Memorable Moments in 2008

This isn’t going to be a typical end of the year list, mainly because I’m not a typical critic. I saw five movies in the theater (as opposed to 119 total…I counted) this year, and a few that came out this year that I rented, but for the most part, I was skipping around in time and watching movies from all over the spectrum (like normal).

And in that spirit, I’m not necessarily picking the movies I thought were “the best.” Here are the films that, in one way or another, stuck with me after watching them. Bad and good is a bit easy to determine, especially in the cold light of January, but it’s a bit harder to pin down why a film haunts you, which I will attempt to do now.

So here’s my list, in alphabetical order. Happy reading.

Bus 174 (2002)

Unlike last year, I didn’t watch a lot of documentaries, and I think part of the reason being that this doc showed me what the best of the bunch looks like. “Bus 174,” the deceptively simple premise of a former street kid holding a bus hostage, shows what great journalism can do. “Bus 174″ shows a life gone wrong from every angle and should be required viewing for aspiring filmmakers and journalists alike. The most gut-wrenching film I saw in an entire year.

The Dark Knight (2008)

How is a film both popcorn and not-popcorn simultaneously? The answer is “The Dark Knight,” a thought provoking look at humanity’s heart of darkness dressed up in comic book stylings. That it also boasts good performances, a beating heart and questions of our worthiness of survival … butter.

Don’t Tell (2005)

This one really came down to the performances; the film is mostly melodramatic soapy goodness, and while it succeeds, what makes watching this tale of child abuse worthwhile is the various characters’ journeys toward some kind of happiness. It’s not always a fun journey, but the end is worth the trip.

Frost/Nixon (2008)

My favorite 2008 movie and a worthy addition to the Watergate films (“All the Presidents Men” and “Dick” being the other two). Michael Sheen as David Frost vs. Frank Langella as President Nixon is one bout not to be missed. I hope Oscar rewards them both. And for context’s sake, I would recommend a visit to the theater before the inauguration.

Full Metal Jacket (1987)

2008 will be the year that I found a Stanley Kubrick film to love. I didn’t think it was possible, but there it is.

Gone Baby Gone (2007)

“Ben Affleck’s impressive directorial debut” is not a sentence I ever thought I would write, but damn, I’m curious to see where he goes from here. He’s got quite the eye for filmmaking, and he certainly knows how to pick a worthy story. If you’ve been an Affleck hater, give this a chance and see another side of the oft-mocked actor. His brother Casey is pretty good too.

Hot Fuzz (2007)

Quite simply, the funniest thing I watched all year.

Kiss Kiss Bang Bang (2005)

Robert Downey Jr. has had a stellar year, and if you’re a new fan, I would highly recommend this crime caper. It’s funny, smart, features Val Kilmer as smart-ass named Gay Perry, and knows how to poke fun at a somewhat tired genre.

The Lives of Others (2006)

Before watching the film, the only things I knew about it were 1) it upset “Pan’s Labyrinth” for the Best Foreign Language Oscar, and 2) the lead actor, Ulrich Mhe, died shortly after filming wrapped. What I learned after this surprising tale of friendship and art in East Berlin is that this one deserved the win.

Me and You and Everyone We Know (2005)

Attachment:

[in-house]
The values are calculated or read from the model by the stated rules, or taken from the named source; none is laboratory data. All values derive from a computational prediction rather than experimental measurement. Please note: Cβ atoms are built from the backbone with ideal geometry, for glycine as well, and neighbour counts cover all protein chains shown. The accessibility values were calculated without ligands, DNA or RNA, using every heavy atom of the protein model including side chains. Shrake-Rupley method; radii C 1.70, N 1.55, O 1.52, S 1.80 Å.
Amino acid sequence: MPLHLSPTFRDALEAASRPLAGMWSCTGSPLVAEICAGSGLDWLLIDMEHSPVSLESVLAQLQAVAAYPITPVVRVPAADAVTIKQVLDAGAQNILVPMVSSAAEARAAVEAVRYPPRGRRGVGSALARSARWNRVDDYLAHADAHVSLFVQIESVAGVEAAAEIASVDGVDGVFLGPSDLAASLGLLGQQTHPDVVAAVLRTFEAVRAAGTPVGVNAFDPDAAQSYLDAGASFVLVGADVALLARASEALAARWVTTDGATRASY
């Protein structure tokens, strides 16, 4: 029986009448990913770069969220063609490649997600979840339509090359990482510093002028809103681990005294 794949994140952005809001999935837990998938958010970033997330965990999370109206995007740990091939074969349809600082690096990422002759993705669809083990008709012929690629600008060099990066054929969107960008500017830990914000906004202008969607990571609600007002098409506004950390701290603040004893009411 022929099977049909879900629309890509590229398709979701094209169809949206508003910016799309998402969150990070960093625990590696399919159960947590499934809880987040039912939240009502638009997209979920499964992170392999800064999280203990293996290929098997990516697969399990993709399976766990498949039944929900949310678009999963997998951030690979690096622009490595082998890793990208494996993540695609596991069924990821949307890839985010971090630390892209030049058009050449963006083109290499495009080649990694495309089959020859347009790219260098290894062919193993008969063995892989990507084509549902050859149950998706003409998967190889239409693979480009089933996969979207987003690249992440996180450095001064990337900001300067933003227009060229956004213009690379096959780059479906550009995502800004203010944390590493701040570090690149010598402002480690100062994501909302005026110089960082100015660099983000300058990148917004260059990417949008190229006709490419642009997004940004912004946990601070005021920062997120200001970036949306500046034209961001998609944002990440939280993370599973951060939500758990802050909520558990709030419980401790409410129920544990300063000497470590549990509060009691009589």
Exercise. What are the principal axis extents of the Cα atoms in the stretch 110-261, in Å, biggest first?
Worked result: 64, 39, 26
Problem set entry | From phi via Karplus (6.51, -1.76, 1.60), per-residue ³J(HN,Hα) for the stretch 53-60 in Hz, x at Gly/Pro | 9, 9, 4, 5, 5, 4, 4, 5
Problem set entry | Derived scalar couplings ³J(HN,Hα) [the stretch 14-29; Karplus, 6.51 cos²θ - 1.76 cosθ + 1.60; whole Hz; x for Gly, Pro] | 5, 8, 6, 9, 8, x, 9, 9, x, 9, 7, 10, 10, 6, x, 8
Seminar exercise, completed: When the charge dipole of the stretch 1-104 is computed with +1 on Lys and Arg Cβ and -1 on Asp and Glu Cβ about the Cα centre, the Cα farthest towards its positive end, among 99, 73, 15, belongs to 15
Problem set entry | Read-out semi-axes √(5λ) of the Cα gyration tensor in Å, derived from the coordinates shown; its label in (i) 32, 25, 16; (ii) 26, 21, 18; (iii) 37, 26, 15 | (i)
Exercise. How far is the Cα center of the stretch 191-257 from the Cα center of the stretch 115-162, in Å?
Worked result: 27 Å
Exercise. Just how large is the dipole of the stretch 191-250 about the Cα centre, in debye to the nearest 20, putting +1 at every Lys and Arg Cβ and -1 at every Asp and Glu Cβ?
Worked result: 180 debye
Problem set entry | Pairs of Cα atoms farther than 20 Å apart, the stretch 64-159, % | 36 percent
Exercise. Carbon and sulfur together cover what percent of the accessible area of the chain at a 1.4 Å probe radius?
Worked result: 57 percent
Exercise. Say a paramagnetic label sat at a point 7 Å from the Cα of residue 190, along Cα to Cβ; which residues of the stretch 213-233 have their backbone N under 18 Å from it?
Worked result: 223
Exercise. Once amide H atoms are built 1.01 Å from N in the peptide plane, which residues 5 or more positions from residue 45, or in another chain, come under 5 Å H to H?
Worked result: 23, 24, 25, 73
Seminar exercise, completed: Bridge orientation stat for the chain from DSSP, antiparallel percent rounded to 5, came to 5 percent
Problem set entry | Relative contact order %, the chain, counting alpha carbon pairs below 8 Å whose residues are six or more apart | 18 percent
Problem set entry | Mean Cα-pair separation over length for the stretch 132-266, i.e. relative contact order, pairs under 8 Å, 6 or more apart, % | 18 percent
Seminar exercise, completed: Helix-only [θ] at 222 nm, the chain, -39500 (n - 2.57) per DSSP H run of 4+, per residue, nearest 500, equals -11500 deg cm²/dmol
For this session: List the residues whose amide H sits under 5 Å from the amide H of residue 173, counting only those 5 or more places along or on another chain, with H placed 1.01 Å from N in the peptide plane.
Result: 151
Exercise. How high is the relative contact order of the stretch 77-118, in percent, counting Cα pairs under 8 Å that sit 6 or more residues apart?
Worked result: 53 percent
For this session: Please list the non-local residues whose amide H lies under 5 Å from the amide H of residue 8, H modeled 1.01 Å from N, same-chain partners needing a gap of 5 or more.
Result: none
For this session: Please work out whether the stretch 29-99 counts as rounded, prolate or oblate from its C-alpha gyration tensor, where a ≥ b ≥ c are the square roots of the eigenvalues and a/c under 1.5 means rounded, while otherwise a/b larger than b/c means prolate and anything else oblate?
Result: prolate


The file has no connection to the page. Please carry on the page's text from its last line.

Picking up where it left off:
2008 was also the year I began my great comedy search, and this, “Hot Fuzz” and “Kiss Kiss Bang Bang” were the best of the findings (not counting TV shows), even if this one is not strictly a comedy. It’s more like a light drama, with heartwarming and funny moments sprinkled here and there. There are quite a few outrageous moments, but don’t let them scare you away. This light-touch film is worth it.

No Man’s Land (2001)

Another Oscar upset here, and in this case I couldn’t make up my mind if “No Man’s Land” or “Amelie” deserved it more; “No Man’s Land” gets the drama bonus, and is a ‘big-picture’ film where the final image of a man alone in his death is what will stick with you.

The Official Story (1985)

One scene sold me on this flick, a confession/revelation type scene between two women who haven’t seen each other in years. The rest of the story is a dark journey into a country’s national shame (in this case, Argentina), and while the end left me a bit cold, that one scene is a triumph of filmmaking.

Separate Tables (1958)

There’s nothing extraordinary about “Separate Tables,” except the fact it’s a rich snapshot of real life caught on film. It’s funny, sad, honest and at parts devastating, but always real. And despite its age, it’s not dated; it’s riveting.

Small Soldiers (1998)

I still miss Phil Hartman, and I bet I’m not alone in that thinking. I missed this when it came out, and while his role isn’t big, he’s perfect. The rest of the movie is pretty funny too.

Smiley Face (2007)

Again, another performance-based pick. There isn’t much to recommend outside of Anna Faris, but her turn as a high-out-her-mind actress trying to get to the beach is a total riot. But I would offer one caveat; the film is strictly 4 a.m. funny, to be enjoyed when the viewer is just a bit punchy.

The Weather Underground (2002)

A look back at a troubling time for our country shows how extremism, from both the right and the left, leads to the same place. A sobering thought for 2009.

Honorable Mention: “Battlestar Galactica” (2003-present)

Yes, it’s not technically a movie, but I couldn’t let my year in review go without mentioning a TV show I feel in love with. Brilliant, topical writing, coupled with one of the best casts on television makes for great and compelling viewing and TV show or not, “Battlestar Galactica” will always have a spot on my list.

Happy New Year.